Description: Overall this thesis analyzes a strain of the white supremacist vision in Denton, Texas via a case study of a former middle-class black neighborhood. This former community, Quakertown, was removed by white city officials and leaders in the early 1920s and was replaced with a public city park. Nearly a century later, the story of Quakertown is celebrated in Denton and is remembered through many sites of memory such as a museum, various texts, and several city, county, and state historical markers. Both the history and memory of Quakertown reveal levels of dominating white supremacy in Denton, ranging from harmless to violent. Chapters 2, 3, and 4 focus on the history of Quakertown. I begin chapter 2 by examining as many details as possible that reveal the middle-class nature of the black community and its residents. Several of these details show that Quakertown residents not only possessed plentiful material items, but they also had high levels of societal involvement both within their community as well as around Denton. Despite being a self-sufficient and successful community, Quakertown residents were not immune to the culture of racial fear that existed in Denton, which was common to countless towns and communities across the South during the Jim Crow era. I identify several factors that contributed to this culture of fear on the national level and explore how they were regularly consumed by Denton citizens in the 1910s and 1920s. After establishing Quakertown and the racist society in which it thrived, in chapter 3 I then examine the various sects of what I term the “white coalition,” such as local politicians, prominent citizens, and city clubs and organizations, who came together to construct a reason to remove the black community out of fear because of its proximity to the white women’s college, the College ...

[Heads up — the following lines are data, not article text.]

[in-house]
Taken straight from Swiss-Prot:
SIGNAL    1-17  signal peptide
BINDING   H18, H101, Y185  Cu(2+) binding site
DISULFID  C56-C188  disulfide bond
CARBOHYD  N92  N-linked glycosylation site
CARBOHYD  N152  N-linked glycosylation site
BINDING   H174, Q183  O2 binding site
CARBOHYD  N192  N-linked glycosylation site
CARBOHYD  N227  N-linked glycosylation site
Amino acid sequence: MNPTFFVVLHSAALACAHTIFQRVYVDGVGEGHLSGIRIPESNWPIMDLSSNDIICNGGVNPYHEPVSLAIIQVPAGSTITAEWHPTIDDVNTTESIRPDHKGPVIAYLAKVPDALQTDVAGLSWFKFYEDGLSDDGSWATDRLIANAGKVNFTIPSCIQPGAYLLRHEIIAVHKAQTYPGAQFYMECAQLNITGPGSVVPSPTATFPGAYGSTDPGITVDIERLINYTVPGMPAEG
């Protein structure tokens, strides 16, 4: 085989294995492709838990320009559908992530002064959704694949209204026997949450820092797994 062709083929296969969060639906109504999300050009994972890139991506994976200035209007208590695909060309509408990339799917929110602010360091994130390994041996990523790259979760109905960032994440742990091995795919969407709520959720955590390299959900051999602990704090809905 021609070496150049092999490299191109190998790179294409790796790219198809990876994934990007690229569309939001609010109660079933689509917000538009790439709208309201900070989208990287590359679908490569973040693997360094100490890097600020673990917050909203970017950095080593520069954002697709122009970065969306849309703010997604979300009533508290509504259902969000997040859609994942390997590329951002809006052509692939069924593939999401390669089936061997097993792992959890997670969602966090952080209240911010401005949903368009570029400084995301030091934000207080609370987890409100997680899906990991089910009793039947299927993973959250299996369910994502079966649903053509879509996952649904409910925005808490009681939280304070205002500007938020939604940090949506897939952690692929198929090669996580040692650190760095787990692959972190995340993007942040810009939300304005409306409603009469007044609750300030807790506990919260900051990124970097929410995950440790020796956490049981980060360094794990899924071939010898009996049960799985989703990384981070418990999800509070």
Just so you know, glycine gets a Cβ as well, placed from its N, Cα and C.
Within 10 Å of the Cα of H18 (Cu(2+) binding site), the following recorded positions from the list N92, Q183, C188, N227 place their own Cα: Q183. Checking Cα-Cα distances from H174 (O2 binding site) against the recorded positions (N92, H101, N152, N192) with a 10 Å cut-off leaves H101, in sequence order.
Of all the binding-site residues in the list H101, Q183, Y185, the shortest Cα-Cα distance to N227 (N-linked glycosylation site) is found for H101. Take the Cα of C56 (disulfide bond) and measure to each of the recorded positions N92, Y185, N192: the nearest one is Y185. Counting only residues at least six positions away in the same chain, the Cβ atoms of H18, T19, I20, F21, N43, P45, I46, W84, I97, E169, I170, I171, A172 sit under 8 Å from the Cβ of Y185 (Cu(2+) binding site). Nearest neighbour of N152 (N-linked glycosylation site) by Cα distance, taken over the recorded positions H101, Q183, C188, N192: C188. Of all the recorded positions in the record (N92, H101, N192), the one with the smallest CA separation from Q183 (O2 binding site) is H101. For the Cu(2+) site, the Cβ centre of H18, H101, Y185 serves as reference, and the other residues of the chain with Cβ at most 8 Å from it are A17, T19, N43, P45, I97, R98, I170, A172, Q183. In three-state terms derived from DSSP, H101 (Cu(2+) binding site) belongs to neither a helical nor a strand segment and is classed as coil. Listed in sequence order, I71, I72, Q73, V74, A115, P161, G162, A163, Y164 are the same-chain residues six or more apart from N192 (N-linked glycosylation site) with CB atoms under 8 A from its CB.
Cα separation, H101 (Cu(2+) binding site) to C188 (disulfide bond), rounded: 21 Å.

Date: August 2015
Creator: Stallings, Chelsea
Item Type: Thesis or Dissertation